Addressing the Divine: A Review

Prayer beads. Broad plains. Mountains. Birds. An inexplicable yearning for what cannot be seen. An inexplicable joy in discovering a hidden face of the divine. Fifteen short poems give us glimpses into all of these in Nic Sebastian’s new chapbook Dark and Like a Web: Brief Notes On and To the Divine (Broiled Fish and Honeycomb Nanopress).(Cover image above).  Spirituality can be a tricky terrain to navigate in writing, as every reader brings her own prejudices and beliefs to bear. Nic explores and even exploits this broad range of ideas in her collection, using recurring motifs such as animals and colors to explore the inner landscape of spirituality as something that is deeply rooted in the natural world. Animals figure prominently in nine of the fifteen poems in this collection, a motif that is certainly significant. Whether used to illustrate the earthly –

my days are flocks of starlings

wheeling dark waves

of loud chatter

 (from “my days are flocks of starlings”)

–or the divine –

I am the golden snake

gliding into you, my inside

is wider by far

than my outside

(from “the boy and the plain”)

animals here represent much more than creatures. They are symbols of our own struggles to define our connection with something larger than ourselves. Whether ominous (“the olive sheen of mamba/noiseless in the acacia”) or innocent (“nesting swallows in the belfry”), the inclusion of these animals can help the reader to reflect on the instinctive, animal part of the self that is required to maintain any sort of faith.

The colors and shapes of the natural world serve much the same purpose. The reader is drawn into the mountains (the majestic, imposing face of the divine), through forests (the confusing, unnavigable journey of belief), and over the plains (the broad, flat expanse of unknowing) in these poems. These landscapes are alive with color, especially in the poem “the girl and the hours” where the first hour is rich/blue salt, the second/emerald oboe.

My favorite poems in the book are three that contain prayer beads as an integral image. Prayer beads are concrete, physical manifestations of a very private communication with the divine, and they counterbalance the other focus of these poems, the beloved. In each of these poems, the relationship with the beloved seems ephemeral, but the associations with the beads connected to each one are profound and lasting, almost equating the beloved with the divine. These poems also each occur in a very specific place: on Bangkok’s Chao Phraya river at the gold-shot pain/of sunset, on the Plaza Mayor as the tall hills of Villa de Leyva/hulk blue all around us, and inside a souk at Muscat where the fingers of Hassan’s blind grandmother/are cobweb breath and leaf fall. These provide direct contrast to the mysterious, more vague landscapes of the rest of the poems in the collection, and they came alive for me in a more visceral way.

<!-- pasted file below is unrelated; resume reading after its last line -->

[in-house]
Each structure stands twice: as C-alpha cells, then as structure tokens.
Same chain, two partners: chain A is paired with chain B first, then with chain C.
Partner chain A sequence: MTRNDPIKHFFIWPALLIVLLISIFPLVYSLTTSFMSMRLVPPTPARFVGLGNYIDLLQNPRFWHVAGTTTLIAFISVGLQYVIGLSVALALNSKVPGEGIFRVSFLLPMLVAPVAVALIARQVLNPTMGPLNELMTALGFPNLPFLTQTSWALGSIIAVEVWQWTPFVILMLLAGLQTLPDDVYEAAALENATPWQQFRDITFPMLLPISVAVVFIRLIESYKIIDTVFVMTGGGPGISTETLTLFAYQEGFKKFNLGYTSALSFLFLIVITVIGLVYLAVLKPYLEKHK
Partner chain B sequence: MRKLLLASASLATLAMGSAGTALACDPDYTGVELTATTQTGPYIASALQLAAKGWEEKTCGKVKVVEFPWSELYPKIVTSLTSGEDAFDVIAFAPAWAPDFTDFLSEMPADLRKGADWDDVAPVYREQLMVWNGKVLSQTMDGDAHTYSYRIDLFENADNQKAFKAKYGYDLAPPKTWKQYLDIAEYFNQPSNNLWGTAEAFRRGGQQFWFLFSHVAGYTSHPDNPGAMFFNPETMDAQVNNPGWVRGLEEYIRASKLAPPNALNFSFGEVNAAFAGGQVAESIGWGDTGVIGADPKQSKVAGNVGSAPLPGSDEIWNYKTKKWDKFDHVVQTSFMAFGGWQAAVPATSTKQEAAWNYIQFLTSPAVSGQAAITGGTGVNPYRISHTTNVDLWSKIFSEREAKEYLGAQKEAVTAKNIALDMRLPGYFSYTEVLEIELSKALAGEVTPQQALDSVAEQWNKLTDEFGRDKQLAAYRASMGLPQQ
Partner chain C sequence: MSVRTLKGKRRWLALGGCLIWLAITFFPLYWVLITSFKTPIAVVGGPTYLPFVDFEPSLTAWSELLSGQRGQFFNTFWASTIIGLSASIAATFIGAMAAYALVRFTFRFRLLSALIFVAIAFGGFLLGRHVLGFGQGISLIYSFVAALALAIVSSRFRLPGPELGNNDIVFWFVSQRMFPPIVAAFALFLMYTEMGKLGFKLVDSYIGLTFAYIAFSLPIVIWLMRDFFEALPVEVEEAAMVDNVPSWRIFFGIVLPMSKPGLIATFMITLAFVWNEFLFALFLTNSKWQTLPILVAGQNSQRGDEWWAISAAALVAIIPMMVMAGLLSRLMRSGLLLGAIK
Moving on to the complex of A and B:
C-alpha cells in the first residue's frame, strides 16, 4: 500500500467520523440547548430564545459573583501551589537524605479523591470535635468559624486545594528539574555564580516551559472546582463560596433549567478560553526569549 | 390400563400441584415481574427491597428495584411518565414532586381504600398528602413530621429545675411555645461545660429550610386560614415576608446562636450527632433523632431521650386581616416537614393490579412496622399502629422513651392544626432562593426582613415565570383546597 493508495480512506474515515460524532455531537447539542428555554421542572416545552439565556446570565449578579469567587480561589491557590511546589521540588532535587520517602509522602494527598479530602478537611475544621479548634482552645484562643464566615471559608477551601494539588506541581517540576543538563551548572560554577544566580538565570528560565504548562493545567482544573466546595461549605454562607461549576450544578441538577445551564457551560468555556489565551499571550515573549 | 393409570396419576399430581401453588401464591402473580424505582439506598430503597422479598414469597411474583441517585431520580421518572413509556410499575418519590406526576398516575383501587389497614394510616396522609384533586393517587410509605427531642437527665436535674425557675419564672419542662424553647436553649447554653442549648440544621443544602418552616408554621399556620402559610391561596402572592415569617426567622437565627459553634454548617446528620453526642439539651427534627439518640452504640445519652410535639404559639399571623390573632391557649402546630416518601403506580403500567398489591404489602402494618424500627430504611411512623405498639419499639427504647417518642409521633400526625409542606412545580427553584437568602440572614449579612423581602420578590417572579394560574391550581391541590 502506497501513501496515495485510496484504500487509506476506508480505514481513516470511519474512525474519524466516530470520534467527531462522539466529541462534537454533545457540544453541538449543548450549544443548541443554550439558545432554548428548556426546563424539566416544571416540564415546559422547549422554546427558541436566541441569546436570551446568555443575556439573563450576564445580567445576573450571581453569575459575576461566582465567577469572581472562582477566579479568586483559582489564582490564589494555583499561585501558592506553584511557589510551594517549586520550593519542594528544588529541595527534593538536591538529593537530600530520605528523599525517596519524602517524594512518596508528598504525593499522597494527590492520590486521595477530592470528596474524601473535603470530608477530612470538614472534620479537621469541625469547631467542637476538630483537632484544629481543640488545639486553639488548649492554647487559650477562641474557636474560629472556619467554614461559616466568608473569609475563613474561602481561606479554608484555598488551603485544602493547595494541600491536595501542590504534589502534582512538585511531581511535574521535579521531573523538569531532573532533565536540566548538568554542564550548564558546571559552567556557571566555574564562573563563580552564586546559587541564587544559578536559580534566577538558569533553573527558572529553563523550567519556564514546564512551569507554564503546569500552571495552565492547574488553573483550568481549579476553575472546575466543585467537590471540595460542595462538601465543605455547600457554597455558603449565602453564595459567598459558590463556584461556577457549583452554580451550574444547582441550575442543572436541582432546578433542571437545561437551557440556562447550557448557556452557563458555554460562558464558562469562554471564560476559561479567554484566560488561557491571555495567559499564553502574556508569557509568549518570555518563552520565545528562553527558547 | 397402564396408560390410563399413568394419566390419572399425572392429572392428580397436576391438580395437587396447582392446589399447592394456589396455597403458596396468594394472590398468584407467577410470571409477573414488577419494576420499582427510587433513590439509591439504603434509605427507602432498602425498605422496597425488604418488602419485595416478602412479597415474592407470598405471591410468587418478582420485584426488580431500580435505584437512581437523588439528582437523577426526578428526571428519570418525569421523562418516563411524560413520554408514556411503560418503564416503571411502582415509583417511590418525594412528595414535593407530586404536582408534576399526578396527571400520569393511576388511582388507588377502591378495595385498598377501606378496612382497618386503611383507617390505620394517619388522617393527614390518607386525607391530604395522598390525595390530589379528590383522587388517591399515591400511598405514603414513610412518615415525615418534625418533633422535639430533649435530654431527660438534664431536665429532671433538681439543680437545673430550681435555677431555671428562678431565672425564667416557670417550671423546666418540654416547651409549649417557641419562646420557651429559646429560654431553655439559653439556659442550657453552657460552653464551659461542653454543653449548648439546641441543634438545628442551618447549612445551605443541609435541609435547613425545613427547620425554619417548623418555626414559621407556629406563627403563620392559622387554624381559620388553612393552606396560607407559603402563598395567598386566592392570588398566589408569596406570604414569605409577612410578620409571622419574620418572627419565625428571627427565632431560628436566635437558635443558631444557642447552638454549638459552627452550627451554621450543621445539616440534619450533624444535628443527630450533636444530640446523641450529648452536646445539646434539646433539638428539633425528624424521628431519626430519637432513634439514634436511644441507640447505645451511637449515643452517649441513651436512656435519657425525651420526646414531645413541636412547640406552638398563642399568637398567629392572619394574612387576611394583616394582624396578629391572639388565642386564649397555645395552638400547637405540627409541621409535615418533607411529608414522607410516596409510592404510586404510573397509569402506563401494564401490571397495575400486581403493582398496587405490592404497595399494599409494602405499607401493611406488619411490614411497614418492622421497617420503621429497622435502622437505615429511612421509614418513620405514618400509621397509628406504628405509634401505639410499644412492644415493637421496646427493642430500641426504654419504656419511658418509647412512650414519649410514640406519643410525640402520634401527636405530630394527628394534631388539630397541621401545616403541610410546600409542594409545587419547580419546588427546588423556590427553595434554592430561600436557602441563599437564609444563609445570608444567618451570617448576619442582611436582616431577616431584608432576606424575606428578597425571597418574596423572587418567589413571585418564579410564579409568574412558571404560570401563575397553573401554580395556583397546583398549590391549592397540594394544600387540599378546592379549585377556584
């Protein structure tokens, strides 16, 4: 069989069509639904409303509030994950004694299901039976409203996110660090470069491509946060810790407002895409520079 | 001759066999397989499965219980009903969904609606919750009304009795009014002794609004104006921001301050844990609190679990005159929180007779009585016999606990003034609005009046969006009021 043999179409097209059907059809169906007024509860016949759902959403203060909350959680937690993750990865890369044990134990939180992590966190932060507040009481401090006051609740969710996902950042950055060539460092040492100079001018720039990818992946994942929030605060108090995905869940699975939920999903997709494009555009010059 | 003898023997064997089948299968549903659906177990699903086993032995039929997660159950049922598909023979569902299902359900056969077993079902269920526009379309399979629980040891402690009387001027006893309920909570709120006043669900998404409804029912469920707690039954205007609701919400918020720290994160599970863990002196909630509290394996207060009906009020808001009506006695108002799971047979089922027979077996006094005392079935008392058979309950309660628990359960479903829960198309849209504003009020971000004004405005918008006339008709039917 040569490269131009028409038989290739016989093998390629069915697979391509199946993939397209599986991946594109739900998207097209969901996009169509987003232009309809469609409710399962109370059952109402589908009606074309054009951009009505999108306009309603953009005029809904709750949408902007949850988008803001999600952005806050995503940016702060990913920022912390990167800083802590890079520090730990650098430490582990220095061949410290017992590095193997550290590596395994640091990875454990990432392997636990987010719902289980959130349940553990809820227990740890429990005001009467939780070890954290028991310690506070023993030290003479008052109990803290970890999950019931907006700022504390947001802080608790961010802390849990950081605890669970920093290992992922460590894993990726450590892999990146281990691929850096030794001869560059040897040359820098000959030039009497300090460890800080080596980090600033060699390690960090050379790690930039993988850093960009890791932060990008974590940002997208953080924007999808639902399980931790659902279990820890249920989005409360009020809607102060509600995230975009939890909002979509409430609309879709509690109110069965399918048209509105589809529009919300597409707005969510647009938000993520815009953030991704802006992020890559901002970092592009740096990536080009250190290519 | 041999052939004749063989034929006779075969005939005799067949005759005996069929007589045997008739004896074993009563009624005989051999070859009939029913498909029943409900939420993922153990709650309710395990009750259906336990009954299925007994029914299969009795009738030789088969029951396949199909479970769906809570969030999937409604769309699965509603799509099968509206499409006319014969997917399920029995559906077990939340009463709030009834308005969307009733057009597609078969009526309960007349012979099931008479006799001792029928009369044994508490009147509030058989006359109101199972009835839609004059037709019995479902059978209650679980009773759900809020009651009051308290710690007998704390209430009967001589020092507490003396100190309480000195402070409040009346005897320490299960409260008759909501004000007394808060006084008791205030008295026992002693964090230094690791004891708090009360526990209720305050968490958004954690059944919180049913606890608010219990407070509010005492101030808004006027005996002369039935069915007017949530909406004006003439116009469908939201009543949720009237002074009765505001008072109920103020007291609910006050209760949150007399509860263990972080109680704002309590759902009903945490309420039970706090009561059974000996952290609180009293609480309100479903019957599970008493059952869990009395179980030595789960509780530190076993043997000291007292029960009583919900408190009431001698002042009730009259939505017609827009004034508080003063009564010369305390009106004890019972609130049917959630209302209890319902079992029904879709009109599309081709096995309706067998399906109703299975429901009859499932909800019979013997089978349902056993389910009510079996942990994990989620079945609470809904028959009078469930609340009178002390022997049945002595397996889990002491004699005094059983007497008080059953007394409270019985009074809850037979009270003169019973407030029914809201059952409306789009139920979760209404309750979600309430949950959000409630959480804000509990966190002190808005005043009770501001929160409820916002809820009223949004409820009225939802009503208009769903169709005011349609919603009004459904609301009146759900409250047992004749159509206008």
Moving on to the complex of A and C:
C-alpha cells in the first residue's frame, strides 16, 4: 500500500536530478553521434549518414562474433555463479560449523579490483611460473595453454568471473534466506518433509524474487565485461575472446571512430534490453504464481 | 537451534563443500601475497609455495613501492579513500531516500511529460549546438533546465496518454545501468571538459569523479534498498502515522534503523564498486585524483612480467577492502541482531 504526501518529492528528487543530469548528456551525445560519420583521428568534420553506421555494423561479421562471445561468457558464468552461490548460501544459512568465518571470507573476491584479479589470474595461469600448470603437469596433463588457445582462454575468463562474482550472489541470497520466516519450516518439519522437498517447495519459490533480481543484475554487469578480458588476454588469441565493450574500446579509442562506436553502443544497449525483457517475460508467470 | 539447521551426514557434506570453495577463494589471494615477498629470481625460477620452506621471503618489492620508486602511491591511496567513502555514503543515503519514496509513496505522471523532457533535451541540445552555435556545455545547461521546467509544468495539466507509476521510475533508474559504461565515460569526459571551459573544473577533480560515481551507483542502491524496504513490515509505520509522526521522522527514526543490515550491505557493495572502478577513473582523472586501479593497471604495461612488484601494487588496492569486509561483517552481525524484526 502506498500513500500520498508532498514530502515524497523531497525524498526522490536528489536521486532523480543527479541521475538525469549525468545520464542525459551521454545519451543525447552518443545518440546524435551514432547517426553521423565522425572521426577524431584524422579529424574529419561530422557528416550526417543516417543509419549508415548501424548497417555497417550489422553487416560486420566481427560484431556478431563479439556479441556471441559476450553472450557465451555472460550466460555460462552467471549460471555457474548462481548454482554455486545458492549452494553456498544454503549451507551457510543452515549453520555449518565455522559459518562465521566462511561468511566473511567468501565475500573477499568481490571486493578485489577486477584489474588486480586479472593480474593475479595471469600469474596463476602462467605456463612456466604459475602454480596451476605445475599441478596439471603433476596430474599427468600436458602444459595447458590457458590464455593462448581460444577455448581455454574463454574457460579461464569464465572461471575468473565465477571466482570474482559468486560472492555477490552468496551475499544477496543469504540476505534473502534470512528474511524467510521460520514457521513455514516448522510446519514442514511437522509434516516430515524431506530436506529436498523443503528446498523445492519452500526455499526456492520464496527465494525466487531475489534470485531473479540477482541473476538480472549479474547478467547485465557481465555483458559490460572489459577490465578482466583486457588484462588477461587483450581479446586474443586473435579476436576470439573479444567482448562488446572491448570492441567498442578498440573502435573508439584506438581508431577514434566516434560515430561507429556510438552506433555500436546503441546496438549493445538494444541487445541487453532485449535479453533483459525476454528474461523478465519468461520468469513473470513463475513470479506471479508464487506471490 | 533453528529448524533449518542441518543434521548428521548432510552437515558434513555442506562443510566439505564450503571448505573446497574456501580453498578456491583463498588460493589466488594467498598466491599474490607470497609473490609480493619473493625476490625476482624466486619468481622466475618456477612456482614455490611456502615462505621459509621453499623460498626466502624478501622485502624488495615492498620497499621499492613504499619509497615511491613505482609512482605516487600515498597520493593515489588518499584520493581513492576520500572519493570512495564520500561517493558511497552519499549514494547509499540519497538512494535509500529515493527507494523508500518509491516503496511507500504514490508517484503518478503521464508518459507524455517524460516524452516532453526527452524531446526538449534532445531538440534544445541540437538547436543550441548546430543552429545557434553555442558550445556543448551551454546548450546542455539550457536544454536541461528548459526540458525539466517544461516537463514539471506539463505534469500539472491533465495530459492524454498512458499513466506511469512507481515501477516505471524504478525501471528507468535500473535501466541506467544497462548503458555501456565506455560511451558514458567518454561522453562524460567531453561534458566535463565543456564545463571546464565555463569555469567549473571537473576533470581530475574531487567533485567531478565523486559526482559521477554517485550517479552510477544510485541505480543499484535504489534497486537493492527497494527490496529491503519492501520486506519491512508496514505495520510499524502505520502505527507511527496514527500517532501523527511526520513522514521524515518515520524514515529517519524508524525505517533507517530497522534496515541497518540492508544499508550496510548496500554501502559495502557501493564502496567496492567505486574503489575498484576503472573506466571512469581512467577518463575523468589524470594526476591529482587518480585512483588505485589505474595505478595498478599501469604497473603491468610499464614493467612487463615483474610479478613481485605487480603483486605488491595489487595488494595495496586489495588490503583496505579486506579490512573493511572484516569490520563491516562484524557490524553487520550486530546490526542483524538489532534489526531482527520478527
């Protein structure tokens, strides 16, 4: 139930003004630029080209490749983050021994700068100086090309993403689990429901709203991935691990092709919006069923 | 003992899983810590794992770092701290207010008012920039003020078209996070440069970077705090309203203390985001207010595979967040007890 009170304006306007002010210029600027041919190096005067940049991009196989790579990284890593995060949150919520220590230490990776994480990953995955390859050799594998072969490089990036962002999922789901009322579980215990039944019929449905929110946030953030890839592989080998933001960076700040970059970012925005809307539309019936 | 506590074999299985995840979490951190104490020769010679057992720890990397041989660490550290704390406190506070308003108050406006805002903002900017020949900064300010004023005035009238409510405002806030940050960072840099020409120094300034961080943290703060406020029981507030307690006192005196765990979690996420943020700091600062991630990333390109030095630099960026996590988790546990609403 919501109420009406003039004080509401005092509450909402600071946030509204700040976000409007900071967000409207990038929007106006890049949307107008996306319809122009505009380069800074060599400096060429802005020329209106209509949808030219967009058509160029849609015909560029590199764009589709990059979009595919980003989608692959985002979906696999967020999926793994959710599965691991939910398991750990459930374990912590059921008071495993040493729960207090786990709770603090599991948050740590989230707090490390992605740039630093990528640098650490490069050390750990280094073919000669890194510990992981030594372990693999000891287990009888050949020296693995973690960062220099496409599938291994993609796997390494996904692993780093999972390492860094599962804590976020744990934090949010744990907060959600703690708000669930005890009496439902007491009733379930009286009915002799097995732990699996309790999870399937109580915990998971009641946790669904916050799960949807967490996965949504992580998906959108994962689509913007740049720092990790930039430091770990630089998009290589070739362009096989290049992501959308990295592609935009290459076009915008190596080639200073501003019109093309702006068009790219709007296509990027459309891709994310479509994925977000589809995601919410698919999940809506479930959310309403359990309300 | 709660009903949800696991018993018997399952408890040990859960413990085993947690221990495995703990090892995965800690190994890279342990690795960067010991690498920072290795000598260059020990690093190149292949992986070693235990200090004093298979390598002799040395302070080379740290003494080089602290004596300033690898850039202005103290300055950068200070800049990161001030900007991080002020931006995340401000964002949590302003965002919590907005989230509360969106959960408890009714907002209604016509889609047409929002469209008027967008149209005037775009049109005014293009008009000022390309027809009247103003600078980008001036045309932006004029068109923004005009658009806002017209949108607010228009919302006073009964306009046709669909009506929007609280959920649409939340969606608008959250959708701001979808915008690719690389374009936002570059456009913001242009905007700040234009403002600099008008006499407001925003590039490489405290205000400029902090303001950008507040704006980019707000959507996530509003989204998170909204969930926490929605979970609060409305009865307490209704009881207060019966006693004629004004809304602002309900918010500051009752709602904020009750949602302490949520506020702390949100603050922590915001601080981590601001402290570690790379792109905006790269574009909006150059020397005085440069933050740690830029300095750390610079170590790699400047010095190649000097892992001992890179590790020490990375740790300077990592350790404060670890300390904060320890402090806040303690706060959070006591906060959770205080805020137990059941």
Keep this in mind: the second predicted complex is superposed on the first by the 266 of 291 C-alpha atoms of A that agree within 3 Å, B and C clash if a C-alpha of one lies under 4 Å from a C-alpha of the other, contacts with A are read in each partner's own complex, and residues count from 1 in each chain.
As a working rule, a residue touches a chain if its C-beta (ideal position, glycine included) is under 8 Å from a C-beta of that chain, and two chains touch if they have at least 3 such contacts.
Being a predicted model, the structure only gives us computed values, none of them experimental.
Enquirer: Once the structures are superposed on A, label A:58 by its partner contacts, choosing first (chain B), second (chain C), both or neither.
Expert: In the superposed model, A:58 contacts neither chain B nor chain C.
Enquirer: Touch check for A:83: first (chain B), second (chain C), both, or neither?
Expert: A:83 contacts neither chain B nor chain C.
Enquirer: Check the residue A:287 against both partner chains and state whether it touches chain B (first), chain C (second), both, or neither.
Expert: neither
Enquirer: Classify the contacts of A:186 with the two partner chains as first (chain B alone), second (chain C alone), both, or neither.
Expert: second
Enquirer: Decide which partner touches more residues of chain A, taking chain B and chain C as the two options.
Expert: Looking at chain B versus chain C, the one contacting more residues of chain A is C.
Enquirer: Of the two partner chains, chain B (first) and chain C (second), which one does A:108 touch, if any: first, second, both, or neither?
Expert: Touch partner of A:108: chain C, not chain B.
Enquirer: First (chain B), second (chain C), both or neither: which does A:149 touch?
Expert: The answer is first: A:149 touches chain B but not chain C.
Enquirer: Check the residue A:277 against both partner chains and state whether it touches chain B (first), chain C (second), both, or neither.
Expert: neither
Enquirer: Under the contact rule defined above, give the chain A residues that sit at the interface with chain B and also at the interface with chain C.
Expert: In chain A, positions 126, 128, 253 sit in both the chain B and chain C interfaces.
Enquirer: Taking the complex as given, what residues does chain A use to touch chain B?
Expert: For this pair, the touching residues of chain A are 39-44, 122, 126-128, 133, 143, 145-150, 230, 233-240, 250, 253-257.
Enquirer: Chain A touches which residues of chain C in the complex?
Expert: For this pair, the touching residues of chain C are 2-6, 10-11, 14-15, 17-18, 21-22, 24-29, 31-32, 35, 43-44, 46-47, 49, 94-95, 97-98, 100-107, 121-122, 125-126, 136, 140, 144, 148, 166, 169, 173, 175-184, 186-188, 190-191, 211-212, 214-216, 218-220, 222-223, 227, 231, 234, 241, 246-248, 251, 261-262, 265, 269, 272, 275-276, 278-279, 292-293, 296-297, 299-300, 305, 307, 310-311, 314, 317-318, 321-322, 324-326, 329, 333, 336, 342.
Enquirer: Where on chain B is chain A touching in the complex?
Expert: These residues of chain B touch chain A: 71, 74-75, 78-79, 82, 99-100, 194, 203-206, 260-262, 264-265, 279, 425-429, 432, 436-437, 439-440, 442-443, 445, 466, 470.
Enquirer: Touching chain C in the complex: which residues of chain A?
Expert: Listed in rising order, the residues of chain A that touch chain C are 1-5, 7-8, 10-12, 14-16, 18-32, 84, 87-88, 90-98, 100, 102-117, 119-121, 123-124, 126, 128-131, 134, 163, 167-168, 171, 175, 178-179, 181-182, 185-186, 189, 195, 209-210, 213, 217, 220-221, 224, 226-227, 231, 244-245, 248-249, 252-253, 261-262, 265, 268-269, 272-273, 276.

The book is published through the nanopress model, making it available in print, audio, and downloadable e-pub/pdf formats. Nic is a forerunner and a promoter of this publication model, and it is successful here. Beth Adams, the editor of the collection, has done a fine job of steering it into cohesion with a subtle touch. A different arrangement of the poems may have shown the motifs to be too obvious or heavy-handed, but the collaboration between author and editor weaves them through the collection deftly, like mantras or refrains.

The only thing I might have changed about the collection would be the placement of the introductions. Both Nic and Beth have written front matter that explains the evolution of the poems and of the collaborative process. I found this information interesting, but I wish it were placed at the back of the collection along with the biographical information. This would have allowed me to read the poems without any preconceptions. Could I have skipped over the forewords? Of course, but I tend to read a book front to back (as opposed to Kristin Berkey-Abbott, who likes to dip in and tread around a bit, as she mentions in part one of her review, which also gives links to many of the technical aspects of the collaboration). This is certainly a minor issue in such a lovely endeavor, and I highly recommend you go here to download, listen, or purchase and have your own conversation with the divine.

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6 thoughts on “Addressing the Divine: A Review

  1. Donna – so love this! Thanks very much for taking the time to read, focus and comment. As I said on FB, I especially like your comments on the prayer bead poems – exactly!! Best wishes, Nic

  2. Thank you so much for this close and appreciative reading, Donna! I think your point about moving the comments to the back is worth considering, too.

  3. Thanks for mentioning my post in your insightful review. I intentionally didn’t read your work until I had written my review, so I’m a smidge late to comment.

    Well done!

    • I thought it interesting that we seemed to hone in on some of the same elements. I didn’t exactly know how to address the multi-format issue, and I thought you did that quite well.

  4. Pingback: nice things this week | Very Like A Whale

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